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Christine Dawe '12 beats her fear of flight in order to pursue a dream career in the archaeology field
By Stephanie Smaglo | August 12, 2013
The sound of luggage rattling. Distressed facial expressions from other passengers. Muted, but frantic instructions for all seat backs and tray tables to be placed in their upright and locked positions. It was enough to trigger a paralyzing phobia in Christine Dawe ’12. A debilitating fear of flying nearly prevented the young history enthusiast from pursuing her dream career in the realm of archaeology.
With an unwavering desire to succeed and help from the College’s counseling office, the VWC Classical studies graduate overcame her anxieties and is now preparing to begin an archaeology master’s program at the College of William & Mary.
Dawe came to Virginia Wesleyan College as a history major and Classical studies minor in the fall of 2008. During her junior year, she swapped focuses, ultimately earning her degree in Classics.
“Classics has always been one of my favorite areas of history,” she says. “In seventh grade we had units on mythology and I loved them. I didn’t realize when I came to VWC that Classical studies was a degree you could specialize in. I was glad to find out that it was.”
Dawe is particularly fascinated by women’s history and mythology, the area on which she chose to focus her senior theses. Under the guidance of her faculty mentor, Associate Professor of Classics Ben Haller, she wrote her paper on "Amazonian Gender in Art and Society: A Mythical Bodily Dichotomy Explored Through Ancient Art, Myth, and the Role of the Hetairai.”
“Women in Classical studies is a new area of study,” she says. “It really only started in the 1990s, so there’s a lot of research and questions that haven’t even been brought up yet. I love the idea of combining those two passions into one, in a way that hasn’t already been studied or that has 12 books written about it.”
As a student, Dawe was a member of the Phi Sigma Sigma sorority, the national history honor society Phi Alpha Theta and the Classical honor society Eta Sigma Phi. In 2011, she and fellow Classics student Joseph Craig ’12 were presented with the 2011 Classical Studies Award.
“Throughout her time with us as a student,” says Haller, “She was nothing short of exemplary, turning in every assignment impeccably executed, encouraging other students to excel, and writing one of the best senior theses I have ever seen.”
At many points throughout her VWC career Dawe considered the possibility of attending a summer archaeology program, but her fear of flying continued to hold her back. It was the chance to go on a two-week Winter Session trip to Rome that finally pushed her to face her phobia. She spent two years doing different types of exposure therapy with VWC’s Counseling Services office, including many trips to the airport.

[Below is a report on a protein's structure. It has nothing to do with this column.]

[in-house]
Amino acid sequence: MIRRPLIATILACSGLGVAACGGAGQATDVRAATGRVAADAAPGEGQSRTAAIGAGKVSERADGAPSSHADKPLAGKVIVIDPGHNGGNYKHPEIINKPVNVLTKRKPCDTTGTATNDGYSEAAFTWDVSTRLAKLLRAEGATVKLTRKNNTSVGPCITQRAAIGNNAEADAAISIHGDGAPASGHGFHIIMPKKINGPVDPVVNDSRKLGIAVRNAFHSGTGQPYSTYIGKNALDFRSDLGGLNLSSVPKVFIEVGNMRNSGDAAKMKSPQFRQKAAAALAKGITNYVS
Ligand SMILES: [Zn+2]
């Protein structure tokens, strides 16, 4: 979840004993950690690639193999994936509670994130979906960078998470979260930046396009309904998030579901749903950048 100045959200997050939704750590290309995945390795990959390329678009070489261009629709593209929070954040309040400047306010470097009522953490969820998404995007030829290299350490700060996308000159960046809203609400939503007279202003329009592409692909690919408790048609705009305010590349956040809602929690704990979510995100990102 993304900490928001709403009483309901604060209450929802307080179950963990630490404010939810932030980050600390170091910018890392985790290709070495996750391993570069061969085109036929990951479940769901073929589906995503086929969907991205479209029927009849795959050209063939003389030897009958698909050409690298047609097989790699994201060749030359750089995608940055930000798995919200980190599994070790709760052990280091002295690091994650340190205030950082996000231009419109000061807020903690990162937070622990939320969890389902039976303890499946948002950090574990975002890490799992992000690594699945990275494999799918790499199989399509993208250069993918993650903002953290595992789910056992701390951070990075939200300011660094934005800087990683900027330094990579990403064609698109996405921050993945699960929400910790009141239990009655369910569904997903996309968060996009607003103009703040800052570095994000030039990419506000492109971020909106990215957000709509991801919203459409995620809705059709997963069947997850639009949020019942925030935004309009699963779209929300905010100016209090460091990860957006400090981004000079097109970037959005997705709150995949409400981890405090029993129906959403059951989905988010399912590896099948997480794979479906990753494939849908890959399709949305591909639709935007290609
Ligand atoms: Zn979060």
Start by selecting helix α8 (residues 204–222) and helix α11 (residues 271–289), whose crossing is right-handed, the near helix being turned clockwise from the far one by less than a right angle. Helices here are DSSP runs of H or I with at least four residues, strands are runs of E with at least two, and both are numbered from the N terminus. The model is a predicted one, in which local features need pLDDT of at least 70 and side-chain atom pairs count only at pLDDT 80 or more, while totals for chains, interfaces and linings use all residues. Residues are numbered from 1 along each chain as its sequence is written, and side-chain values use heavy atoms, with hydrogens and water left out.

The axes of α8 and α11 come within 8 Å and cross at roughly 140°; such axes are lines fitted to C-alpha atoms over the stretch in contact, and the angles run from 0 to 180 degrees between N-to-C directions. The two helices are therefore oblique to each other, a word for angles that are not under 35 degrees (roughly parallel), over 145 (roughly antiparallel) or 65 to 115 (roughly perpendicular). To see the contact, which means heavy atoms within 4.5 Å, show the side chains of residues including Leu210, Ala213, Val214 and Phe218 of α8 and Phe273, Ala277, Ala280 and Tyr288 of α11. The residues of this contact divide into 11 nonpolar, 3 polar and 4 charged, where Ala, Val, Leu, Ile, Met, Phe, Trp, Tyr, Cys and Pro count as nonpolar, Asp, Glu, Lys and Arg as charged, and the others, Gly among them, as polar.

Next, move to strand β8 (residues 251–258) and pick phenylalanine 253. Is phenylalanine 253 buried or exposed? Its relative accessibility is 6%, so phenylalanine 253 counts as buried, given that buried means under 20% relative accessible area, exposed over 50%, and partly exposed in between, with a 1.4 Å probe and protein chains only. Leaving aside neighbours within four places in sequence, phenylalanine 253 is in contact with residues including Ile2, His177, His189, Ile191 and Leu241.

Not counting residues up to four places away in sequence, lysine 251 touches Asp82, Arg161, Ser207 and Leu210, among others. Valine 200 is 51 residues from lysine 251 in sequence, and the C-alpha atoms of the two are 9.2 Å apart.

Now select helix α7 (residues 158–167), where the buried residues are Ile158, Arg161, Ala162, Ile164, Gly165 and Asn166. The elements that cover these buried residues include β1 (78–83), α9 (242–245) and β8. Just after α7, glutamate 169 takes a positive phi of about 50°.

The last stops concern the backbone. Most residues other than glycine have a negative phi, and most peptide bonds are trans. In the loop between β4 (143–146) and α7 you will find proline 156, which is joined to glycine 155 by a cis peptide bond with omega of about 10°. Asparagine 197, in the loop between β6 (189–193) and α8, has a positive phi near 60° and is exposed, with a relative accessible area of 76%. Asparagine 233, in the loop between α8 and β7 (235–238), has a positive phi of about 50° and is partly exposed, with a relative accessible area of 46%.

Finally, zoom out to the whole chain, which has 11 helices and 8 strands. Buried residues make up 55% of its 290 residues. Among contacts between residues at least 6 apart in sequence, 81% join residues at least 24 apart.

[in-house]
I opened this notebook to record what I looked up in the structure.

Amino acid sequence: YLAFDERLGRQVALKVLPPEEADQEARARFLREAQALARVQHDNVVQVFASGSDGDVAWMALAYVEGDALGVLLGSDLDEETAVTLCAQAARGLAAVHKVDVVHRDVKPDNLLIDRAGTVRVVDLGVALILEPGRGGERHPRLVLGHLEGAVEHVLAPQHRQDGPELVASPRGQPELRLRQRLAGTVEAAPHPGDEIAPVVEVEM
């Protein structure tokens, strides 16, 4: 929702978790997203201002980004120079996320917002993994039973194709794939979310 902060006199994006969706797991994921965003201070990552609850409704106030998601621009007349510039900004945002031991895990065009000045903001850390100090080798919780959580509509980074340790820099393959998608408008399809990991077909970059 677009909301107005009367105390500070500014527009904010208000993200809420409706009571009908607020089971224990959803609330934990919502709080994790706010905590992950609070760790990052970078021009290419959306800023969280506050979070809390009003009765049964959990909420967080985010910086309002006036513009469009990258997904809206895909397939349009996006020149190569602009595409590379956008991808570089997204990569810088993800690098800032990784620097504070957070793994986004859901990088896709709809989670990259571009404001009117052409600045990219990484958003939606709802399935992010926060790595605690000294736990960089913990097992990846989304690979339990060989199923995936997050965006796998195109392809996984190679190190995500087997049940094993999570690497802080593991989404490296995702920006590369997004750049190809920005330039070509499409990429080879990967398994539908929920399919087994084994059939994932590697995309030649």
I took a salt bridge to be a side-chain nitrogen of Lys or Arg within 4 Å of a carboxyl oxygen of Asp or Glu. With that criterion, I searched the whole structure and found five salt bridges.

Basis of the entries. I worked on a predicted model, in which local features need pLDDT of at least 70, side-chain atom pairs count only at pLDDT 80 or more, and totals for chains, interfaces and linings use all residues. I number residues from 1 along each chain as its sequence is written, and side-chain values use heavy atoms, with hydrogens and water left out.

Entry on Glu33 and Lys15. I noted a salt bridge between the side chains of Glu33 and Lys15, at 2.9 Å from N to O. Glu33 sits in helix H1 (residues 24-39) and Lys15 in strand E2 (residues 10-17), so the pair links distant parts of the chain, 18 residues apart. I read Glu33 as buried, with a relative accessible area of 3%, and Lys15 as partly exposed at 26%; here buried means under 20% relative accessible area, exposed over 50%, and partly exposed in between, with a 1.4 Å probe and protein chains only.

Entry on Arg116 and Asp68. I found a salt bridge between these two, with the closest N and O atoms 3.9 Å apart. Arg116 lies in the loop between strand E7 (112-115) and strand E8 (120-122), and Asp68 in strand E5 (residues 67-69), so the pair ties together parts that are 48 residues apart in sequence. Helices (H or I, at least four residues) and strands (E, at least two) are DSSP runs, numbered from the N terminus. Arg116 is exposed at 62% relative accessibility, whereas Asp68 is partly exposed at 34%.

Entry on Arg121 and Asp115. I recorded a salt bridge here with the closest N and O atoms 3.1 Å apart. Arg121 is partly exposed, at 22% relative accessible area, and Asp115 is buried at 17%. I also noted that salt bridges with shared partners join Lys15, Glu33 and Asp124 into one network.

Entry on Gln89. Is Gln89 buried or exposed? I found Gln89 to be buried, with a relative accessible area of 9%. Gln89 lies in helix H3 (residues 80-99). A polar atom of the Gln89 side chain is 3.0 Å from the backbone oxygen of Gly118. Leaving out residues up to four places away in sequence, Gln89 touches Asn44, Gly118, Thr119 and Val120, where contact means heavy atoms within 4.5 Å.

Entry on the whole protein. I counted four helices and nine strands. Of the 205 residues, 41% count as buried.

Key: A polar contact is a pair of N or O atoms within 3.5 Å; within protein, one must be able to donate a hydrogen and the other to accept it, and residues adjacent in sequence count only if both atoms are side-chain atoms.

“I knew I had to do something,” she says. “I wasn’t going to miss out the trip to Rome because I couldn’t fly. I can’t sing the praises of the counseling office enough.”
She was able to make the trip her senior year—visiting the Coliseum and the Vatican along the way—and her ability to overcome her fears has since changed her life. This month she will begin working toward her master’s degree in historical archaeology at William & Mary.
In the graduate program, Dawe will take courses in cultural theory, area studies, historiography, and methodology, with a special emphasis on comparative colonialism, the African diaspora, Native America, and the archaeology of Colonial America and the Caribbean. She hopes to have the opportunity to participate in an archaeological dig in Williamsburg and to work as a teacher’s assistant for William & Mary’s undergraduate Classics program. She’d eventually like to teach Classics and archaeology at the high school or college level.
“Archaeology is definitely getting more traction, especially amongst female students,” she says. “For a long time, history, Classics and archaeology have kind of been a ‘boys club,’ but that’s changing. I would really love to teach and to show female students that, hey, this is something that’s available to everybody. It’s something that’s really important to me.”
In her spare time, of which she has very little, Dawe enjoys reading and creative writing. She’s currently reinterpreting a story about the mythological creature the Minotaur, reworking it into a more futuristic setting.
“I like taking Classical notions and twisting them around into modern interpretations,” she says. “One of my life goals is to have something published, especially a work of fiction. Hopefully one day that will happen.”
In a classic example of Marlin spirit, this alumna will surely be capable of accomplishing anything she sets her mind to.